In Mappillai, you also talk about the traffic, bureaucracy and the administrative toil, which is quite cumbersome in India. Was this a culture shock for you or something that you had anticipated?

I confess I had anticipated it. I’ve had the advantage of having lived in Mexico and Argentina, aside from Italy. These are all cultures, like the Indian one, that require an understanding of the flexibility of social mores and ethical customs. Yet, for all my preparation, I was not expecting to find the radical test to my patience which I found. And so, initially, I did experience a certain degree of culture shock. Luckily, I was prepared, having studied intercultural communication, which I think anyone who moves to an intense, culture-specific context like India should undergo in order to avoid the pitfalls of cultural coding.


You’ve blatantly highlighted the truth about corruption in India, especially the corruption prevailing in the temples. Religion being a sensitive issue in India, did you face any backlash because of this?

I’ve had the privilege of writing, in books like Edge of an Era or in Mappillai, but also  in my journalistic activity in Italian and Indian newspapers, quite freely and in critical terms about what I see in India. I’ve not had any real harassment or censorship issues of any sort. I feel I am respectful of religions and spirituality. I particularly admire the Advaitic view of this reality. I find that science is running a parallel interpretation of reality, in this phase of history. But when superstition causes violence, it means that religion has failed in its mission.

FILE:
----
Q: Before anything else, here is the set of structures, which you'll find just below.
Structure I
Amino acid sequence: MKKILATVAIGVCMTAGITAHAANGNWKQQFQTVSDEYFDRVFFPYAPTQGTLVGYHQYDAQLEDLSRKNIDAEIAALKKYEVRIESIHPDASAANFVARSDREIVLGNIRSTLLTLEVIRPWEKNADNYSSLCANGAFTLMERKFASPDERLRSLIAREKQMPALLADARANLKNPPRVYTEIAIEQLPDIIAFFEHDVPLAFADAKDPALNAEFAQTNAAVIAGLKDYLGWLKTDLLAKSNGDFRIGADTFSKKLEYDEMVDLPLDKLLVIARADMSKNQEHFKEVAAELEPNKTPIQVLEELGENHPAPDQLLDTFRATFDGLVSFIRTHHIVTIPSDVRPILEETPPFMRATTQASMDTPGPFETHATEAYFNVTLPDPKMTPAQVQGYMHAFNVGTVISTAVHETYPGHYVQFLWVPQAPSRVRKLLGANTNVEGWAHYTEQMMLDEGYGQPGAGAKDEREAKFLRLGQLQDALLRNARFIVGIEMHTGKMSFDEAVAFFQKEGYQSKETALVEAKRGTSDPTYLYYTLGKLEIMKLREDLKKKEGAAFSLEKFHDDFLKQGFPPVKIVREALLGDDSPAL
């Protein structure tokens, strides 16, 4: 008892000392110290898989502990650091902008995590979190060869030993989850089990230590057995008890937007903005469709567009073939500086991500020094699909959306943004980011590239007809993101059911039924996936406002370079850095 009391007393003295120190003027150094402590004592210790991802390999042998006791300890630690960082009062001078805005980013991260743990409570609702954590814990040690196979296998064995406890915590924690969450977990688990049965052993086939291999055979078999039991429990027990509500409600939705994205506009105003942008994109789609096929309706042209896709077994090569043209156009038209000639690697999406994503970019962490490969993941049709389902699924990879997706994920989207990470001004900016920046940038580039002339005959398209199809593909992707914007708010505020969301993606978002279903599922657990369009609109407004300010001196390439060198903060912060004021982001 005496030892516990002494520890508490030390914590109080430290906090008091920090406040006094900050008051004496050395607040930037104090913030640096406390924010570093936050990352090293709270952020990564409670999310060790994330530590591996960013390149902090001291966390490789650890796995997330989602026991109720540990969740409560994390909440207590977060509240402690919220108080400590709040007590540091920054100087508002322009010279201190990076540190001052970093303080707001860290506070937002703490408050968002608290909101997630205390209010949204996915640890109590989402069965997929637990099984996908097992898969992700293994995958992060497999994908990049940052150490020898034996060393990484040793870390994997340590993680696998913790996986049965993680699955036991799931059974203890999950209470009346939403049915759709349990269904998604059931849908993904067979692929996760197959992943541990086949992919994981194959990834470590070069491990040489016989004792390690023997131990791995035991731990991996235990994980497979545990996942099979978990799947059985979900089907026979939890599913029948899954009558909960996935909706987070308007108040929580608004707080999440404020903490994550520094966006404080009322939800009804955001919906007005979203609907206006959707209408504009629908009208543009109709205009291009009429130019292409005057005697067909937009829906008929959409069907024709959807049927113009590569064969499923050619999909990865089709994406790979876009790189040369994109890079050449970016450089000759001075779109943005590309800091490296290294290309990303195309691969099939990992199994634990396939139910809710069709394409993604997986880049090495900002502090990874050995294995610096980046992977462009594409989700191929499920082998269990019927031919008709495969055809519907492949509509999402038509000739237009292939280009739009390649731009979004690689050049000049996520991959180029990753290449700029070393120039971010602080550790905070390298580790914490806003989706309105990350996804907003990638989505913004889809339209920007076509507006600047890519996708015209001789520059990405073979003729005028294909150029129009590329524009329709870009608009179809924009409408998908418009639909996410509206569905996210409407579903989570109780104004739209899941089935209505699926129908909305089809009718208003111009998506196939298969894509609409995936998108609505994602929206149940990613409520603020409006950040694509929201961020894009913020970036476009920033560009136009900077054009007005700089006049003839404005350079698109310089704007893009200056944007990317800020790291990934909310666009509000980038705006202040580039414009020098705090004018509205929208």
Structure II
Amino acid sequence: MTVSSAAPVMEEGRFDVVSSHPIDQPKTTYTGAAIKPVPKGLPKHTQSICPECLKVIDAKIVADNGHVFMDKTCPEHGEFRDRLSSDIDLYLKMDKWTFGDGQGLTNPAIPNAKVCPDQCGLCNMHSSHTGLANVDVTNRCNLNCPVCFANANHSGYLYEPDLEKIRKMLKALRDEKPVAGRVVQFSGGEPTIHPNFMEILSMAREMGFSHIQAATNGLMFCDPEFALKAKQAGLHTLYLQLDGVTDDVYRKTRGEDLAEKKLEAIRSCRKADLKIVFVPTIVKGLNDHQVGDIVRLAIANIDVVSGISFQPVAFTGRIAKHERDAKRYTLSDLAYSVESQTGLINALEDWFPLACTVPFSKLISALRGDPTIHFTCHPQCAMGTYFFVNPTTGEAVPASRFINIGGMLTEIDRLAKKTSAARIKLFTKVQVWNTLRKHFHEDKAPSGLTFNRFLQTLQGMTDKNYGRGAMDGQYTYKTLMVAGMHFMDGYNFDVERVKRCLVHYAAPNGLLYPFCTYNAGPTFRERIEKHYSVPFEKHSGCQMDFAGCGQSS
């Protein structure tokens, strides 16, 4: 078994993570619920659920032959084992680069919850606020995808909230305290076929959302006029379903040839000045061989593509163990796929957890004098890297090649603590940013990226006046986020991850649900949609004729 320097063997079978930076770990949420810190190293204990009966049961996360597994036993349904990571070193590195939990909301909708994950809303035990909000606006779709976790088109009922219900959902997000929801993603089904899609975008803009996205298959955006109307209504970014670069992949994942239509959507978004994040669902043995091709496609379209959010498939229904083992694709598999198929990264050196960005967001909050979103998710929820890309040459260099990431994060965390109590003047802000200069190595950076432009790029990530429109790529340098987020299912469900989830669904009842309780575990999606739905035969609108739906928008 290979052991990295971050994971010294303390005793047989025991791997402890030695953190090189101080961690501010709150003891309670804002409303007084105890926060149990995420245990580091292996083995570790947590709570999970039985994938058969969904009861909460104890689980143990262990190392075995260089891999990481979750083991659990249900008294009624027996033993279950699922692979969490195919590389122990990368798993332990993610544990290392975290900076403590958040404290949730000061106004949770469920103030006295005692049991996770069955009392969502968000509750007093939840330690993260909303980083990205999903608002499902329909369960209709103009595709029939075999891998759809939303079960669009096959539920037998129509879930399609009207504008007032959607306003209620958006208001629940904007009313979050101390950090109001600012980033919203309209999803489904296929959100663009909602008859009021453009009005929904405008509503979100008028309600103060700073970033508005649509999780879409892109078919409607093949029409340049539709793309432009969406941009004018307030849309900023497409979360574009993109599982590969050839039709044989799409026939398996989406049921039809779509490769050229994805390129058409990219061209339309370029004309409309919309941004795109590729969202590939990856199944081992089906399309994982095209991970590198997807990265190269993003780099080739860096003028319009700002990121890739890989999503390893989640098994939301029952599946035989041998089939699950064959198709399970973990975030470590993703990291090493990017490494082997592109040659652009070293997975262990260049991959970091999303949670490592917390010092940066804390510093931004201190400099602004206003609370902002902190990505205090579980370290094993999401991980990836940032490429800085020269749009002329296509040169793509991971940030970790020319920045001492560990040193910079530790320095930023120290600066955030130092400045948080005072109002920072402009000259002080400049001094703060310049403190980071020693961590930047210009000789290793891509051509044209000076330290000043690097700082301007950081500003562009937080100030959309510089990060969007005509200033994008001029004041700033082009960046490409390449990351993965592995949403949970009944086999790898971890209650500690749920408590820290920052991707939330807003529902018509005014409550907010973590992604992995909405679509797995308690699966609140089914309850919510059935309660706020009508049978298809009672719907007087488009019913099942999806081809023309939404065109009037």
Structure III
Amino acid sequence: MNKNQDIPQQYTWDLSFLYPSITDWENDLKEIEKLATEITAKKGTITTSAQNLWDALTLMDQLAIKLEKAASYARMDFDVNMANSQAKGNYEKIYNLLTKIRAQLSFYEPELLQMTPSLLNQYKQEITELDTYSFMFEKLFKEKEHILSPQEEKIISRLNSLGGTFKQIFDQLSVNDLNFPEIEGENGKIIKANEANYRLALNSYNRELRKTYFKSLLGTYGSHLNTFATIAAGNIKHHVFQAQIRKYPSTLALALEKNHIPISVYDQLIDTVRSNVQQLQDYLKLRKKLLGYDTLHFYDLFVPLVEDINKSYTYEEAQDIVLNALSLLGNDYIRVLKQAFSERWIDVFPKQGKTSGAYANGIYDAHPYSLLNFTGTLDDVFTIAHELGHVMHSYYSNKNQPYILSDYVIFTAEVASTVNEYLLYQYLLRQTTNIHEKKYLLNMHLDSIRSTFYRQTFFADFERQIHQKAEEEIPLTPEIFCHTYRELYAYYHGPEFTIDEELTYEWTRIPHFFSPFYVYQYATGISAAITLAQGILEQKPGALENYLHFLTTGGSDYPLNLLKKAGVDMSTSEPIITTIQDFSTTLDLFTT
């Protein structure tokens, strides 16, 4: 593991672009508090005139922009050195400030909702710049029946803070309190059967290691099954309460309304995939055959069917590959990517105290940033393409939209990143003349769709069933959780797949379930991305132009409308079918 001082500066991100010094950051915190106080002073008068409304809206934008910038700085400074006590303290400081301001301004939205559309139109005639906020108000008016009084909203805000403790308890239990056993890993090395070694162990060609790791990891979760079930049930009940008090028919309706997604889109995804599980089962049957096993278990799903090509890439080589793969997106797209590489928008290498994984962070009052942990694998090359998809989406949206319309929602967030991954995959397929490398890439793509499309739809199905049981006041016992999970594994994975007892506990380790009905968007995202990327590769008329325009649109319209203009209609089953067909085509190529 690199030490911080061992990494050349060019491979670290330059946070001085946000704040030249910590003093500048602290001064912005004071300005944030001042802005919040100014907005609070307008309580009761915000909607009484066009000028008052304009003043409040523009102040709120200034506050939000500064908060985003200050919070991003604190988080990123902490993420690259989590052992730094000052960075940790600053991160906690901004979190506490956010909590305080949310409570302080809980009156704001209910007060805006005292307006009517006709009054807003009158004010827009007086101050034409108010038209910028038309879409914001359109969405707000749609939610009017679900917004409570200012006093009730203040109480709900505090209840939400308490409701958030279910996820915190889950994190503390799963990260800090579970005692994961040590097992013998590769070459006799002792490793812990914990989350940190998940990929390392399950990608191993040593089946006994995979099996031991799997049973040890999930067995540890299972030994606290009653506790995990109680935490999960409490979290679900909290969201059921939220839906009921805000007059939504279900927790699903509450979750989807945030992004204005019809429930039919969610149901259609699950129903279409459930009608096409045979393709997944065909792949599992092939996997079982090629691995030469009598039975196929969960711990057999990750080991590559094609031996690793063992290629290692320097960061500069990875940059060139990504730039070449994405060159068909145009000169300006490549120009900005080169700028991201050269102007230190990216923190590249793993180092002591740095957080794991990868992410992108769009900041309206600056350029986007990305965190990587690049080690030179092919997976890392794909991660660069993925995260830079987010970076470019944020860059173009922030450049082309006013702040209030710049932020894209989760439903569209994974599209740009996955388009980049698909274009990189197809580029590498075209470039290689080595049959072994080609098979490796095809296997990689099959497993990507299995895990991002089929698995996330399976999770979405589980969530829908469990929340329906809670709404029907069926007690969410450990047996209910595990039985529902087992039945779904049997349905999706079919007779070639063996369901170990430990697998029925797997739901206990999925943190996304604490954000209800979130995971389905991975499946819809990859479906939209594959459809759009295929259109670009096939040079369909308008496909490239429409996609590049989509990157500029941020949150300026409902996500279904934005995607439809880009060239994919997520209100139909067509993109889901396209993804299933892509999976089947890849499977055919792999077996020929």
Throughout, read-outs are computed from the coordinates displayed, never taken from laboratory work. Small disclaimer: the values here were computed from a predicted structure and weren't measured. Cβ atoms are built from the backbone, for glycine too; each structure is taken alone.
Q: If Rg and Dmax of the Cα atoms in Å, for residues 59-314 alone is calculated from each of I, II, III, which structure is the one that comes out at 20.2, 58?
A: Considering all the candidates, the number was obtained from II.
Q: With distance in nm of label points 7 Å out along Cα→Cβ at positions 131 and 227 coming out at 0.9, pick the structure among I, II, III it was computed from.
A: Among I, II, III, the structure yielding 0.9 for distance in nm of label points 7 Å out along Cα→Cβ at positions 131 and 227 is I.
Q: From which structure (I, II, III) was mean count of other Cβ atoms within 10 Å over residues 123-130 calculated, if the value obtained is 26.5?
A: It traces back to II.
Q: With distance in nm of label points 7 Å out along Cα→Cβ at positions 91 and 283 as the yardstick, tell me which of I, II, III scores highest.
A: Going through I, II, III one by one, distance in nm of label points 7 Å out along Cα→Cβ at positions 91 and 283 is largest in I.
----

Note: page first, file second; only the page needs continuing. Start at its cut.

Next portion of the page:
You’ve also travelled to Latin America and the US as a journalist. Currently, you write for The Hindu in India. Is your experience here as a reporter unique in any way?